born 1937 in Amstetten. Study of Histroy and German language and literature. Lives in Vienna. Numerous literary awards. For his writing Julian Schutting received numerous awards, among others the Trakl-Prize and the Wildgans-Prize.
A poet embarks on a journey. We accompany him on his path through all kinds of natural and cultural landscapes, which his words smoothly adapt to. The accuracy of his gaze and his perspective allow us to take part in the visual adventures and broadening horizons he encounters. With him we witness the Czar’s homecoming to St. Petersburg, wander through a Japanese forest and through modern Moscow, visit the Museum of the Revolution in Hanoi and admire the Windcatchers of Yazd in Iran.
A collection of poetically condensed moments, lifted out of their everyday rut by our senses and illusions.
Eloquent and with fine irony Julian Schutting attends to the great topics of literature: What turns a poem into a poem, how to treat political topics without slipping into humanitarian banalities, and how to nowadays still write nature poems? “To the moon” is the exemplary summarisation of Schutting’s poetry.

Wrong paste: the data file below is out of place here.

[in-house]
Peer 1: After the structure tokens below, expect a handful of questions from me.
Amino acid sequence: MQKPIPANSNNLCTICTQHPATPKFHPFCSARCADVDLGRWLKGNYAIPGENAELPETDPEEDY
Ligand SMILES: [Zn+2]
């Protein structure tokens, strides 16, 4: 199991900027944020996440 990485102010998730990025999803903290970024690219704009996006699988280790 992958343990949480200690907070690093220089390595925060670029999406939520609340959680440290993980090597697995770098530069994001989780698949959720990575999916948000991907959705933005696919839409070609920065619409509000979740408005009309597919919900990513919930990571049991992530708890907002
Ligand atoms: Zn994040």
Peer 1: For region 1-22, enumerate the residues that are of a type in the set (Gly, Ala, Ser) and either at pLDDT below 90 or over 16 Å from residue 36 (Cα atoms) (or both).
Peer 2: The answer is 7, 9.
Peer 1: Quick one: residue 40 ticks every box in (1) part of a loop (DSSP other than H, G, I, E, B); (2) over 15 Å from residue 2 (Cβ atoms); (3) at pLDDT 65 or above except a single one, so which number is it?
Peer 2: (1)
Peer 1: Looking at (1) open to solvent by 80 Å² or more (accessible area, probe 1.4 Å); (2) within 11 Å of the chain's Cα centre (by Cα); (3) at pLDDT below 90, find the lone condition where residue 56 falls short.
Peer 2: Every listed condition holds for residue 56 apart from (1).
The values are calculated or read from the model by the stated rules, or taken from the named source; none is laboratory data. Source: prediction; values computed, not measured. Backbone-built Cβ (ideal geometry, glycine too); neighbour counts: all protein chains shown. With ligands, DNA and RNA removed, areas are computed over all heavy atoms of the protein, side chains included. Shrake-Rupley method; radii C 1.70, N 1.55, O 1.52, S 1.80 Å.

Against every prevailing trend he sings the praises of Orphelia’s waterbed, refers to Schiller’s Nenia and makes songs rush through raging seas. In refined compositions, Julian Schutting’s poems carry us away into a world that is in dept to Enlightenment, to sensuality and delight for language. This bow to poetry results on its part in great poetry, and to the one who gets into it, the power of the word opens up. But he isn’t too serious about it, and so one can allow to be fooled with pleasure.
August 1924: It is rather embarrassment why the elderly writer H. returns to a place from his childhood – Fusch, a spa in the midst of Salzburg’s mountains where he had spent summer after summer with his parents when he was growing up. A lot has changed in the meanwhile: friendships have grown apart, his fame dates back several years and his work is endangered by his impaired health and the slightest disturbances. The change of time after the war has found its way even into the life in remote Fusch and H., who became a stranger to himself, participates only in observing.
During a walk H. becomes unconscious. Awaking, he gets to know young Doctor Krakauer, a duchess’ physician in private practice. He too is a repatriate in a foreign world. H. seeks to gain his friendship, but still there is the duchess and still there is a loneliness he cannot escape from.
Walter Kappacher tells from a life, which has been overtaken by the time. He tells with captivating intensity and with lucid empathy, as competent as virtuosic. He confirms his special position in the german-speaking literature: “a rare one” (Peter Handke).